Josh Caterer reinvents standards with a new band in The Hideout Sessions 

Categories: Chicago Reader

By Mark Guarino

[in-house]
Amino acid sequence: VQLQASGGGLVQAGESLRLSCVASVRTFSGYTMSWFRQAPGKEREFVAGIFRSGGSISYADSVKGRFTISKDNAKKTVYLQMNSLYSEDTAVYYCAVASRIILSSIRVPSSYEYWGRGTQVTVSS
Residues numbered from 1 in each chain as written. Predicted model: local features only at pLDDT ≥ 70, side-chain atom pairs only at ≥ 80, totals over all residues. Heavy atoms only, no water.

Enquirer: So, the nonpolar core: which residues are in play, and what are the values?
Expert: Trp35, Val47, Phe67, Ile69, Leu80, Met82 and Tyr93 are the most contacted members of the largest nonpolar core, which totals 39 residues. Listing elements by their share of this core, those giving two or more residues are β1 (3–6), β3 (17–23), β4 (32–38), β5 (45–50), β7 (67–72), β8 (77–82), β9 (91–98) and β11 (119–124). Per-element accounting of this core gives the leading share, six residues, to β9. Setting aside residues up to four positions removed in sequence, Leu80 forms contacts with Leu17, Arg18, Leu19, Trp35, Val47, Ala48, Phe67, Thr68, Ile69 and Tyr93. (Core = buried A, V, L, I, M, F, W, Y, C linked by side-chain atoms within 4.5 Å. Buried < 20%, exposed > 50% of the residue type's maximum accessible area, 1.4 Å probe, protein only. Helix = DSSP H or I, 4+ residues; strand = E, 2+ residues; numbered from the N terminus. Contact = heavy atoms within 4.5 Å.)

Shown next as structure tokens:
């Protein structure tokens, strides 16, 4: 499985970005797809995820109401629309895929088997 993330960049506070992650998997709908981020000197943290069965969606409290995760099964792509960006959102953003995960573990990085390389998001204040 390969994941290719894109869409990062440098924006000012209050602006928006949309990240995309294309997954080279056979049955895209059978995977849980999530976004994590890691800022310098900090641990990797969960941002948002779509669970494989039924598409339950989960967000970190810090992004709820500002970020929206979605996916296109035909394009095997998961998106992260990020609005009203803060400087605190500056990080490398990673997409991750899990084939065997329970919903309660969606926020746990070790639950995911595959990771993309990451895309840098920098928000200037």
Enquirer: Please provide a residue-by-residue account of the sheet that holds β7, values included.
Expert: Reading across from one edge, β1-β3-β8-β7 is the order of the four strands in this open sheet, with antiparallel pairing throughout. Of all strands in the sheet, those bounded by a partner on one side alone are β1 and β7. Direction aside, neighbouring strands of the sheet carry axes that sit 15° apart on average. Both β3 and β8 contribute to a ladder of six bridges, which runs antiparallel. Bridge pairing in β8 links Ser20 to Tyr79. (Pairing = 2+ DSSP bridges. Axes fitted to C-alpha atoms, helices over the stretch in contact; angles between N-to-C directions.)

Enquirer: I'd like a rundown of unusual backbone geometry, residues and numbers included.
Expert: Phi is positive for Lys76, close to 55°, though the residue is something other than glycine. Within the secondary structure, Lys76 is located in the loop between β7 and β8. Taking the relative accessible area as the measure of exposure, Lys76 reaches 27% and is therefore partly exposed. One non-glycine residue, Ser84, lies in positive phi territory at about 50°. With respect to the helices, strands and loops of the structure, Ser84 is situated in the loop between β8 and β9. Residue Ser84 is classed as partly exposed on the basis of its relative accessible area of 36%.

Don’t let the live vibe fool you—The Hideout Sessions features no cheering, no clapping, and no cries for “Freebird.” Josh Caterer, lead singer of the Smoking Popes for 30 years, recorded this new collection of songs and covers pandemic style last October: he played to no one, just cameras that livestreamed the show from the Hideout to virtual fans. Nevertheless, Caterer suited up with his new band as if they were playing a grand ballroom on a Saturday night. That attention to detail is reflected in the sharply executed playing and blazing bursts of energy that carry the momentum of this ten-song set. Drummer John Perrin (NRBQ) and bassist John San Juan (Hushdrops) round out the power trio, and together these precision players reinvent several pop standards, some from nearly a century ago, according to their own vision. “My Funny Valentine” becomes heavy with menace, especially with Caterer’s ecstatic guitar soloing and Perrin flipping through time signatures with every fill. The band explore a wide range of dynamics in these doom-laden love songs: on “I Only Have Eyes for You,” Caterer launches into a free-form solo that scales the mountaintop, and the band transforms the Music Man ballad “Goodnight, My Someone” into speedy power pop. One of the distinctive characteristics of Caterer’s sound has always been the contrast between his choirboy vocals and the crunch of his band, and the allure of that approach has never been stronger—it reveals a direct lineage connecting the deep yearning in his songs to the songbook writers of the past. “The First Time Ever I Saw Your Face,” written by Scottish folk singer Ewan MacColl and popularized by Roberta Flack, could be a lost Popes number for how it amplifies the simplicity of its heartache. Popes favorites “Someday I’ll Smile Again” and “Megan” are here to please the fan base; “Writing a Letter” gets a slowed-down update that swings with a Latin beat, topped with a trumpet solo from Max Crawford of Poi Dog Pondering. Right now there’s no word whether this excellent band will play to people, not just cameras, once music venues reopen. Here’s hoping. 


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